There are several different types of bladder cancer.
Urothelial carcinoma, also known as transitional cell carcinoma (TCC), is by far the most common type of bladder cancer.
Transitional cell urothelial carcinoma or carcinoma
Transitional cell carcinoma (TCC) is by far the most common type of bladder cancer.
This type of cancer is born at the level of the most inner layer of the bladder wall, the urothelium, the bladder mucosa. Urothelium is the coating of all canals and structures of the urinary tract. It is directly in contact with the urine.
This is how urothelium coats the walls of the kidneys, ureters and urethra.
It may remain superficial non-invasive, limited to urothelium, or pass through the basal membrane and become superficial-invasive, then invade the bladder muscle, detrusor, and become infiltrating.
Patients with bladder cancer may also have other tumours in these other canals and structures covered by urothelium. This is why the entire urinary tract must be investigated as part of the tumour extension assessment when diagnosed.
Other bladder cancers
There are several other types of bladder cancer that are much rarer than the classic transitional cell urothelial carcinoma.
- Squiggle cell carcinoma:
In the United States, it accounts for 1-2% of bladder cancers.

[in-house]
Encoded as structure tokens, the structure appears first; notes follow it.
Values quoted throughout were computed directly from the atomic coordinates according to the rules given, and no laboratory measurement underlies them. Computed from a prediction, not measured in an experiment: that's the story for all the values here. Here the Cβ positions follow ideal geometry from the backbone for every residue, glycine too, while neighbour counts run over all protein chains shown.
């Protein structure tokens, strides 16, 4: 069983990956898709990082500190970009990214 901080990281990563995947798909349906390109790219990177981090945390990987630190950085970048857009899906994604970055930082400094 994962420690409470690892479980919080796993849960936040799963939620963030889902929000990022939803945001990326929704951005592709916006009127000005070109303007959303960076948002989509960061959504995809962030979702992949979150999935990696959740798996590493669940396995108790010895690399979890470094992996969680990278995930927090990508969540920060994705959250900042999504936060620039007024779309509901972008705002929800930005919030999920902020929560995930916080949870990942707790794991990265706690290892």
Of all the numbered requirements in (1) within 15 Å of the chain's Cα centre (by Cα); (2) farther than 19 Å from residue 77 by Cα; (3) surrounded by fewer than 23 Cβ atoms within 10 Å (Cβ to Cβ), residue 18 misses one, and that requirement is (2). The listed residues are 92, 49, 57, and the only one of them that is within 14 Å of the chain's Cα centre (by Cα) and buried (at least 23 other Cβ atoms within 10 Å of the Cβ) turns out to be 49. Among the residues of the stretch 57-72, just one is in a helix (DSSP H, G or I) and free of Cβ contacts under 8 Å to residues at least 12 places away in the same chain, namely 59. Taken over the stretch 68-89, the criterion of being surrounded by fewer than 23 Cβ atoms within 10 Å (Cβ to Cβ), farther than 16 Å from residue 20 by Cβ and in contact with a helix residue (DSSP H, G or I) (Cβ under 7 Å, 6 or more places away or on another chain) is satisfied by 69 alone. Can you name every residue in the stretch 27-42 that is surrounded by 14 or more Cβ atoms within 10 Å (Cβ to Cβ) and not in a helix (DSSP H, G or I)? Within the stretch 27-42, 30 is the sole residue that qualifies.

Under a microscope, the cells are very similar to the epithelial cells of human skin.
Virtually all squamous cell tumours are invasive.
It accounts for about 1% of bladder tumours.
Cancer cells are very similar to gland cells found in colon cancer.
Virtually all bladder adenocarcinomas are invasive tumours.
- Small cell bladder carcinoma:
Less than 1% of bladder tumours are small cell cancers.
The cells that make them up look a lot like neurons, the cells of the nervous system.
They’re called neuroendocrine cells.
These cancers are often of rapid development and traditionally it is necessary to treat them with chemotherapy, which is identical to that used for the treatment of small cell lung cancer.
- The sarcoma:
Sarcomas develop from the muscle cells of the bladder wall. These are rare tumours.
With the exception of sarcoma, these rare bladder cancers are treated in the same way as transitional cell carcinoma, especially in the early stages of disease. However, if chemotherapy is necessary, the drugs used are different.
- National Comprehensive Cancer Network. NCCN Clinical Practice Guidelines in Oncology. Bladder Cancer. V. 2.2015. Accessed at www.nccn.org/professionals/physician_gls/pdf/bladder. pdf on January 14,2016.
- Smith A, Balar AV, Milowsky MI, Chen RC. Chapter 83: Bladder Cancer. In: Niederhuber JE, Armitage JO, Dorshow JH, Kastan MB, Tepper JE, eds. Abeloff’s Clinical Oncology. 5th ed. Philadelphia, Pa. Elsevier: 2014.